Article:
From the Exclaim! article: Four Labels to Watch in 2004 Year in Review 2003 Limitless Sky A label to watch not only for great music, but for its relationship to the business of world music. Michel and Rosa Tyabji spent three years in Tanzania recording folkloric and popular musicians and staging free concerts. The first three releases came out this year, kicked off by the absolutely crucial New African Composers Vol 1 and the propulsive soukous of Yellow Card by Ndala Kasheba. The Tyabjis' goal is to help Tanzanian artists understand and negotiate intellectual property rights, issues of international copyright and artist representation. Most record companies releasing music by African artists do so through recording or licensing music in London, Paris and New York, with little involvement in the communities from whence the music originated. Limitless Sky shows how the encouragement of musical diversity can be a means to social development around the world. David Dacks - December 02, 2003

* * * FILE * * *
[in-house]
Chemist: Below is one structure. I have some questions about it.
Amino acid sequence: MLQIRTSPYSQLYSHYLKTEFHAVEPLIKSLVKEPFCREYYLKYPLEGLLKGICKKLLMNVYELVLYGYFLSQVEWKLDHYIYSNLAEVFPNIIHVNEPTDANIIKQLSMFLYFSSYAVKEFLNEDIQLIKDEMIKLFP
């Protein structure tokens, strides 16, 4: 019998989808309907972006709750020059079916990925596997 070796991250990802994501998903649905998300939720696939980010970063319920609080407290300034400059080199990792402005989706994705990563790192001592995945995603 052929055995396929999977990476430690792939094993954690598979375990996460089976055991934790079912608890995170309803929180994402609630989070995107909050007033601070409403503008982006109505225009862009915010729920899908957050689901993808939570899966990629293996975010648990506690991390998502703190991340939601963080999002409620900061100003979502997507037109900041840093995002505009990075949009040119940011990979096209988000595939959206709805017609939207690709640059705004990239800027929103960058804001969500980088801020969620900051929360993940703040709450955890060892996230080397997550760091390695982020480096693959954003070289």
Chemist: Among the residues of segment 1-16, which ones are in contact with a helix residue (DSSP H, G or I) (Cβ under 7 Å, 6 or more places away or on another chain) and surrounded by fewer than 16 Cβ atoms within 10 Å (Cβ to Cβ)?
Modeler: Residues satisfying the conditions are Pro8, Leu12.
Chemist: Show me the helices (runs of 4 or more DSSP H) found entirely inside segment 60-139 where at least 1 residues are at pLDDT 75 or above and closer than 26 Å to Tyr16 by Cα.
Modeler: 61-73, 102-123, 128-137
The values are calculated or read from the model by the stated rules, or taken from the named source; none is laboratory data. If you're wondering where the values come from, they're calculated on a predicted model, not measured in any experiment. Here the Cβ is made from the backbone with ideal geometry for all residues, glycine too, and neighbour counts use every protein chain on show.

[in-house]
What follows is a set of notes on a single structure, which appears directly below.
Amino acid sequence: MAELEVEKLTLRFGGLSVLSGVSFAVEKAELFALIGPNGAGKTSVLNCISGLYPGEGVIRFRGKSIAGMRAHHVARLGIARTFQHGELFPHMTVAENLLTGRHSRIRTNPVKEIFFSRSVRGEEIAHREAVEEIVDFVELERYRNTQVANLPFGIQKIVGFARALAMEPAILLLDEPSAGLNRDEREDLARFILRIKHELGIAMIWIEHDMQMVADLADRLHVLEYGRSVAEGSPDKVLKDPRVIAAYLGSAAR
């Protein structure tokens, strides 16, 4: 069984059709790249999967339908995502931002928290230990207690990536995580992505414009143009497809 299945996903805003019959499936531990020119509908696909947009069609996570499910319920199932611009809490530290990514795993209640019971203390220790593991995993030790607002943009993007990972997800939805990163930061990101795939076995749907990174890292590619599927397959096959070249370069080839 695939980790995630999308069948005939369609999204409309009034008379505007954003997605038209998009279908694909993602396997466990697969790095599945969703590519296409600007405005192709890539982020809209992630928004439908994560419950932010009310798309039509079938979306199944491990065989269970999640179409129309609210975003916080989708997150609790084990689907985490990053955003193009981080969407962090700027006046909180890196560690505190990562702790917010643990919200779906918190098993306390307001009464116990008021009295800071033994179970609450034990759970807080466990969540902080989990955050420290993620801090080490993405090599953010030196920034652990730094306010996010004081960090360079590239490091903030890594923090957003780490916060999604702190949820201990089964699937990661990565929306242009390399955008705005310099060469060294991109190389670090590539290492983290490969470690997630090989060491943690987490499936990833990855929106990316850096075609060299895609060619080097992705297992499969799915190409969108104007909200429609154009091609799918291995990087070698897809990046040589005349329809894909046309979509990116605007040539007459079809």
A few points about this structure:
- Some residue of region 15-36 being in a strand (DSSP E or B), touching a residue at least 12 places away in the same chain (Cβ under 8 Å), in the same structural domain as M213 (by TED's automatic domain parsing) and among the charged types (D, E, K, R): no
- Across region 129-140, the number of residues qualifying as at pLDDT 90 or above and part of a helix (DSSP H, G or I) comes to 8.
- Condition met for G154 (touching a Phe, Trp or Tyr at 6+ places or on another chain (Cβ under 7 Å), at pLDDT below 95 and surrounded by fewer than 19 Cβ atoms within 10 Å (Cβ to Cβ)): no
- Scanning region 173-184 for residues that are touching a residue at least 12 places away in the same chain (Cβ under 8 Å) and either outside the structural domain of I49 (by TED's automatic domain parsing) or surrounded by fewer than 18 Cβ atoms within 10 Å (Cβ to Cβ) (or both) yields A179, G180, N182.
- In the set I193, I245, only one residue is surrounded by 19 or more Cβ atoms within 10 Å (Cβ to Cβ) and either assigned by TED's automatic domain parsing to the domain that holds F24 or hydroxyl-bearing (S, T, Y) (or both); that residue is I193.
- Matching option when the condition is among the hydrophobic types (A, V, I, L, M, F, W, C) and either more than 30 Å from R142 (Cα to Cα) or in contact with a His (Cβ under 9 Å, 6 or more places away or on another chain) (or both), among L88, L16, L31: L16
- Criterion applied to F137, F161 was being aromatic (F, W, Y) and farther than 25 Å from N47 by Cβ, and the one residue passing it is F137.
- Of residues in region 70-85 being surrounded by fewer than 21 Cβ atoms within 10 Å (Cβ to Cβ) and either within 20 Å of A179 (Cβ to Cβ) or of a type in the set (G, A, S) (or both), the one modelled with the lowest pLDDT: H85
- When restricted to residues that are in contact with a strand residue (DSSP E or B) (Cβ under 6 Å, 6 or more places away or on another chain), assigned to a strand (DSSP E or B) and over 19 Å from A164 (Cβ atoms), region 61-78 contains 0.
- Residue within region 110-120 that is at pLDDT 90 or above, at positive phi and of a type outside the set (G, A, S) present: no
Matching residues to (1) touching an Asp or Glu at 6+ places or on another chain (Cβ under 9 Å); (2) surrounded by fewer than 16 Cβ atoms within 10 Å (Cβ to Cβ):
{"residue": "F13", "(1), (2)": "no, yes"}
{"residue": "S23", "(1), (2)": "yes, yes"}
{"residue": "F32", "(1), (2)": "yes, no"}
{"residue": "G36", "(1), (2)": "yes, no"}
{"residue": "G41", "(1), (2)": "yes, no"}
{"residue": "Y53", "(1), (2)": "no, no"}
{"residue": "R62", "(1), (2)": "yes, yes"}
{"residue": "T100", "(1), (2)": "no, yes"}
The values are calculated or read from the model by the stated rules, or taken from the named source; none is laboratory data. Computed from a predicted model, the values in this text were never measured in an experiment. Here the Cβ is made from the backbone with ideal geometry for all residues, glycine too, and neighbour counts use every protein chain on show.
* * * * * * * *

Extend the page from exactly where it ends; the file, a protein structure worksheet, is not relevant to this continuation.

Look at a map of Africa and try to find Tanzania. For a lot of people, it only exists in the shadowy world of new stories on terrorism. But it's there, on the east coast of Africa, in the city of Dar es Salaam, that Michel and Rosa Tyabji established their Makuti Studio in 1998. After three years they've returned to the U.S. and settled in Seattle, where they've begun releasing the fruits of their labors on their Limitless Sky label- a compilation, New African Composers, Vol. 1, and Yellow Card by expatriate Congolese singer/guitarist Ndala Kasheba. Together, they start to shine a light on a region of the continent that's been musically neglected in the West. The inspiration came from Michel Tyabji, whose father works with UNICEF, "so I always moved to a different country every four or six years. A large part of the time was in Africa. We'd drive from Somalia to South Africa and back on holiday. I was really taken by the music of the whole region, not really Tanzania. I came to SUNY to study music, and I didn't too well. Since I'm a musician, I went to study audio engineering, which is where Rosa and I met. I just knew there was all this music in Tanzania, but there's very little here, especially traditional music. I thought I have all this training, and Rosa and I have all these machines, and we're sitting in New York - couldn't we go to Tanzania and record this music?" Putting out feelers through his father, who was stationed in Tanzania, they discovered that the Ministry of Culture was very interested. The Tyabjis wrote a proposal to the government. "We bought more equipment to do mobile recording, and my fantasy was to go into villages and record, multitrack like we were in a studio," recalled Michel. "The government invited us. But they couldn't give us any money." "We weren't coming with our ideas about their culture, we were just a production entity, and wanted to work with their musicians," Rosa added. Even after they'd arrived, nothing happened overnight. Sweden and Norway had donated money to a cultural fund, but it wasn't available yet. The Tyabjis began educating musicians about the music business. "We kept talking about rights and copyright, and people opened to us," Rosa explained. "It took over a year and a half for the government to initiate our proposal. So they told use to use our studio to live. Eventually some of the larger players in the pop scene came to us as our reputation spread." Even those big names weren't wealthy - they were playing in clubs three nights a week, for six or seven hours at a time "and they make maybe a dollar fifty a night." But, as New African Composers Vol.1 makes obvious, their music was magic. Finally, some cultural funds were released, but it became apparent that the logistics of taking a studio on the road simply wouldn't work. Politics, two rainy seasons a year, and terrible roads conspired against the couple. They did make one trip to a rural area, and ended up with their equipment ruined. "It was easier for government representatives to bus village musicians to Dar es Salaam, where we could do a better job," noted Michel. They do plan to release the traditional music they recorded, which has been used to begin a government archive, "but we're not going to release it until everything is ready. It's important we present it as a modern archive - it's living tradition, and the oral tradition is important. We're not sure yet how to do that." One of their big hopes is to help their artists tour, and already it seems as if one, Zimbabwean Garikayi Tirikoti, whose own CD will appear soon, will make it to the Northwest for Zimfest, to be held in Oregon. But with Tanzania now on the I.N.S. blacklist, the Tyabjis know they face an uphill battle. "Europe is moving ahead, artists coming over. America's just pulling itself away." They plan to return to Tanzania, where they've left Makuti Studio in the hands of a local man they trained. "We think of it as another home," said Rosa.